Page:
David, I hope you stick around and see what we talk about on daily basis. Mostly it's the nuts and bolts of providing music for Mass and the Office, just like what you teach in your seminars.
  • Uh, in the immortal (gender altered) lyric of Hall and Oates, B-Gal, "He's gone, he's gone."
    You're edifying your argument into airspace. If you feel better for that, good on ye.
    We, adherants to the paradigm, are yet and still impoverished by wasting a great opportunity to share, first, and then persuade "Mr. Haas" of the fraternity we proclaim in the credo, and then listen to his voice without prejudice.
    This whole episode stands in stark and embarrassing contrast to the courtesy and manners I am experiencing now at CMAA intensive in NO, and every colloquium I've attended. I only say this because I cannot abide the descent into petty polemics that are rampant in our culture, society, government. and our churchly institutions, especially the noble CMAA.
    He's gone. Move on.
  • chonakchonak
    Posts: 9,176
    This is a problem.

    On the internet, it's possible for a group of people who have their image determined by the worst behavior among its members.
  • It's not just on the internet....
  • I humbly think that a person leaves this forum not because of what is said, but due to an unwillingness to face what has been said.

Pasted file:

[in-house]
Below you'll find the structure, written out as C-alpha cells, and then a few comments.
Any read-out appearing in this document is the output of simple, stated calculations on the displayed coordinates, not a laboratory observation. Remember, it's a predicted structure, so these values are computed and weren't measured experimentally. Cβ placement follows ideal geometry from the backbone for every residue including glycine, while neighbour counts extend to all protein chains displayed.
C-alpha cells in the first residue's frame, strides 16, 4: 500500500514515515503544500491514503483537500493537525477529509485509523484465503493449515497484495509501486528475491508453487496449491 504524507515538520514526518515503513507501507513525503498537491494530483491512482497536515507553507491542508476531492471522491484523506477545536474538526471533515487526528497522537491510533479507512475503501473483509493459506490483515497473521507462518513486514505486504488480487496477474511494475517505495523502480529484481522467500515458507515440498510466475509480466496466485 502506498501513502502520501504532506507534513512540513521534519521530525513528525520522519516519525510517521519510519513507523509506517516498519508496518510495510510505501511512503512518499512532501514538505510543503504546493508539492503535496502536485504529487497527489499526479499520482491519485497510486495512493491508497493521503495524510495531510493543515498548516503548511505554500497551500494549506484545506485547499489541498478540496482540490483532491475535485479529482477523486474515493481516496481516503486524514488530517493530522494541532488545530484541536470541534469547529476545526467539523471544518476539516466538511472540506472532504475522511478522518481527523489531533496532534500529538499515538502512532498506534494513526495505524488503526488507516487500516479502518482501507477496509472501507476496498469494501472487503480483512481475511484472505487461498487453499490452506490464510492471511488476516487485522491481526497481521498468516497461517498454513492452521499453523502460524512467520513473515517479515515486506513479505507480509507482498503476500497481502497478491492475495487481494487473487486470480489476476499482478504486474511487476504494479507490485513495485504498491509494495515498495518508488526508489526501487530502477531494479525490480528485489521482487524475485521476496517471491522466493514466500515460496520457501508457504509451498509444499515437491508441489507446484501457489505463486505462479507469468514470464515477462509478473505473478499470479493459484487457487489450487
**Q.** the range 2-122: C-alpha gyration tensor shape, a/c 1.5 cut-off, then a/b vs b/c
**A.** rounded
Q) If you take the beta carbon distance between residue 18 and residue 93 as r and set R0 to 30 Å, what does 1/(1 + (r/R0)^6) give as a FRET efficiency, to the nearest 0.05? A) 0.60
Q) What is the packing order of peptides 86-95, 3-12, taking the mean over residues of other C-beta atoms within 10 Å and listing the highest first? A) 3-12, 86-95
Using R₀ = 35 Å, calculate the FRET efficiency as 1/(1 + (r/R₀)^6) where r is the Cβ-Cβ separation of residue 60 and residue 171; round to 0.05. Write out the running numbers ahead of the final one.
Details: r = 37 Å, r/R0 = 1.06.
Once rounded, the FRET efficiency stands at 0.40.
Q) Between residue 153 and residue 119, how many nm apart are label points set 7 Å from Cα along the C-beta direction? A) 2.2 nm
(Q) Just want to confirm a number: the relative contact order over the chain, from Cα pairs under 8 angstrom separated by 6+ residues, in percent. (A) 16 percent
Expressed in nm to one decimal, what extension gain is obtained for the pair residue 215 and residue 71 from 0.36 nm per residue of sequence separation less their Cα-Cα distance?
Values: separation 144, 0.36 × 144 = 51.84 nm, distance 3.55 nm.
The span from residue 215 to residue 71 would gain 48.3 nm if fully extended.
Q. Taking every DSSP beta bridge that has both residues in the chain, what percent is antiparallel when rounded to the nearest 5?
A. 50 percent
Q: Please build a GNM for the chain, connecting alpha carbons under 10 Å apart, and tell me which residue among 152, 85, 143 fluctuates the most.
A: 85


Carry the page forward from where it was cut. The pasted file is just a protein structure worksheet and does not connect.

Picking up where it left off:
At chant cafe a person was chastised for not taking action against a priest, when liber were found in the trash. This was back in a time when priests were of a higher calibre than some we find today, a time when the priest was respected not for being a human being but for being a priest.
  • chonakchonak
    Posts: 9,176
    I think it's arbitrary to speculate about a person's motives like that, Noel, but I am very disappointed at the member who seemed to take it upon herself to decide for the rest of us that there should be no dialogue, and didn't merely opt out of it personally, but posted complaint upon bitter complaint, to the point of insult. Such an approach does not reflect that of the CMAA.
  • I find many things that BenedictGal has said are very, very important. Who, in any way, can argue with this:

    Mr. Haas:

    Sing to the Lord does not carry the same weight as the documents from the Holy See when it contradicts what the higher authority has already ruled. The Constitution on Sacred Liturgy (and, as subsequently re-affirmed by Liturgiam Authenticam and Redemptionis Sacramentum) clearly state that no one, not even the celebrant, has the authority to make changes to the Mass, including the official texts of the Church. The revisions to use inclusive language that some composers have taken it upon themselves to make is uncalled for and unwarranted. It seems to me that political correctness seems to take precendence over the integrity of the Holy Sacrifice of the Mass.

    As to your claim that jazz, pop and the like should be included as genres fit for the Mass, evidently, this is not the opinion of Pope Benedict XVI when he wrote in Sacramentum Caritatis that: